Monday, May 30, 2016

Primrose Lane

Eight years into a childless and financially stressful marriage, Chris and Robin drive to another couple's gothic, upscale home in suburban Los Angeles for a visit. Upon arrival, they find the front door unlocked, and when Robin steps inside, her instincts tell her something is wrong. Their friends have disappeared without a trace, having left their car keys and cell phones in the house.

They search the house from top to bottom, and while it seems lifeless, the emptiness of the home, its dearth of sunlight, and the antiquated mosaic of objects and shadows that shape and haunt room after room collectively add to Robin's concern. Unlike her assumptive husband, she harbors a gnawing awareness: they have left their upwardly mobile life in LA for a realm of strange and unknown proportions, a place where the known rules of the universe no longer apply.

A boy is watching them. He plays tricks on them. He rolls marbles on the floor and toys with their minds.

Swirling into a black hole where everything she knows and loves is snatched, twisted, and inverted, Robin calls upon friends and strangers alike in ever-puzzling ways, only to learn that she, too, is an integral part of the maelstrom, a predicament from which there is no escape. With Primrose Lane, lead actor and director Kathleen Davison, who returns to New Hope after an award-winning screening in 2015, has not so much shot a film as woven it. An original story, an outstanding score and a multitude of visual touches are exquisitely fused into an eerie, sensory experience, one that questions the nature of one's existence.

You can watch the trailer here: Primrose Lane Trailer

Wednesday, May 25, 2016

The Birth of an Artist

Cerebral palsy is a hard and relentless disease, but one filmmaker has captured an astounding response to the severe physical limitations it imposes. Dasha is a girl who paints with her feet. Despite her difficult circumstances, her mind's eye sees nothing but life and beauty in the world, and her feet are enough under her control to render her visions into glorious artworks.

The Birth of an Artist is an astounding and unforgettable portrait of courage. Born in Ukraine and educated, in part, at NYU Tisch School of the Arts, Graduate Film program, filmmaker Natasha Babenko is fascinated by duality, which in this case is her subject's "physical hardships intertwined with the beauty she expresses from within." But there is no duality for Babenko in terms of the merit of her film, because it is simply wonderful.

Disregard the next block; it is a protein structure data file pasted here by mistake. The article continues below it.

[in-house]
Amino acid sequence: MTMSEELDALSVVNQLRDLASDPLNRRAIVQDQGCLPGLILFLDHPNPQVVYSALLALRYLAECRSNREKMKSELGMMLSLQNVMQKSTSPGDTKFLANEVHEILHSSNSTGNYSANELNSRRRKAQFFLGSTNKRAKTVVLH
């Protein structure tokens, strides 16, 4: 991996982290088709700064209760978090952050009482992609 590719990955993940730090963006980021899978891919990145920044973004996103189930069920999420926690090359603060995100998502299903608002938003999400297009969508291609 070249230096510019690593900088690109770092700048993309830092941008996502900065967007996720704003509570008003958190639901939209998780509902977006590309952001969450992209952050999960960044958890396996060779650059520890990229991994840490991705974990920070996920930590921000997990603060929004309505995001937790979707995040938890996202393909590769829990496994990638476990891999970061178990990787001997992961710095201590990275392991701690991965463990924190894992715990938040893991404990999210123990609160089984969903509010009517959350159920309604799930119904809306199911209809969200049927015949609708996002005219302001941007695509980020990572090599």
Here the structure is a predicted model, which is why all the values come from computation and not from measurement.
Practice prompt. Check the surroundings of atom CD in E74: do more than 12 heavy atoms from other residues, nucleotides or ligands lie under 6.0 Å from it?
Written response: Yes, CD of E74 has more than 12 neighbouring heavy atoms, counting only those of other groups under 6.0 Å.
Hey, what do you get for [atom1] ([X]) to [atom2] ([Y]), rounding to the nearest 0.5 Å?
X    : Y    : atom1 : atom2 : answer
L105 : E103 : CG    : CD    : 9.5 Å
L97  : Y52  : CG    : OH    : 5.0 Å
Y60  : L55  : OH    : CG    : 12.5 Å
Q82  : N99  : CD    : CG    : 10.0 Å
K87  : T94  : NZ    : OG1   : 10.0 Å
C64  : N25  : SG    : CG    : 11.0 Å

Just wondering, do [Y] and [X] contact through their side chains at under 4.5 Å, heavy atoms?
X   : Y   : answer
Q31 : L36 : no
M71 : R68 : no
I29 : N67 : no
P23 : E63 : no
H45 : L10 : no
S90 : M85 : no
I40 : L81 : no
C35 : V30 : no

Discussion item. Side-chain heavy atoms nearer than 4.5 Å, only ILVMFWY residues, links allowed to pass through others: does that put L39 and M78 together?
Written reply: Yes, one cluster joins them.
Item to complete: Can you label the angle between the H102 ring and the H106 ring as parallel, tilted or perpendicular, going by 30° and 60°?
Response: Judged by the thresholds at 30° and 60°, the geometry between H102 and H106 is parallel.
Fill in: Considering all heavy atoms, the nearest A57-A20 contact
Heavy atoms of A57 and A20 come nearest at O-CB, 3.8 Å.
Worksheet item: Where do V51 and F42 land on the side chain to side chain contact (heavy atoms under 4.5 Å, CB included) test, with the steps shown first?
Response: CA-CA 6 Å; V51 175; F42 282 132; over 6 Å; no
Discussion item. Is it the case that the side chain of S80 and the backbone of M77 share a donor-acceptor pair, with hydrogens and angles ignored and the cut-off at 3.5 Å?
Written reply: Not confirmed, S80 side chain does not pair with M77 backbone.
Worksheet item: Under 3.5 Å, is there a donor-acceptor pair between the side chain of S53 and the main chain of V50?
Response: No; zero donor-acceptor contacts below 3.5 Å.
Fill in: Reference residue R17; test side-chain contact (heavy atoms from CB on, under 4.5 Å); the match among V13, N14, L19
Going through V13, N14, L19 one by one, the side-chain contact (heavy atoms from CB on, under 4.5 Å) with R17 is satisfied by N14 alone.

You can watch the trailer here: The Birth of an Artist Trailer

Tuesday, May 17, 2016


A down-and-out guy, single, with introspective eyes and a hardened pall of sadness, wanders back to the small town where he screwed up. He visits this place every year to the same, circular effect, but this time is different when he meets a ravishing young woman whose bright expressions say "it's ok, I admire you."

She can relate, and as mature adults they immediately seize the opportunity to bond with a kindred spirit, both knowing that getting to know someone better over a game of pool is just the kind of old school therapy they need.

But something else is happening here. Something darker, even dangerous, is lurking behind an otherwise refreshing tale of Americana. Director Tim French brings out outstanding performances in his lead actors Hoyt Richards and Annabella Casanova in an indie gem that will intrigue and rattle you.

Intersection is soaring on the festival circuit, and for good reason. You can watch the trailer here: Intersection Trailer

Monday, May 9, 2016

Two Weeks

In this touching, socially relevant short film, Australian student director Dani Bowen focuses her perceptive eyes on a teenage girl, Liz, whose mother just dropped a bombshell on the family—Mom is going to abandon them.

Liz is wounded and bewildered by the news and her father is none too keen on the idea, but there's little they can do since neither is the catalyst for the decision. Mom simply has other things to do with her life and has decided that leaving them will offer her a better chance for fulfillment.

Hence the social relevance. How many parents in this era of selfies and internet stardom will do what they feel like doing regardless of the consequence to other members of the family? Although the story is softly rendered and shows far more than it tells, Bowen reveals this dark aspect of the zeitgeist with remarkable intensity.  

You can watch the trailer here: Two Weeks Trailer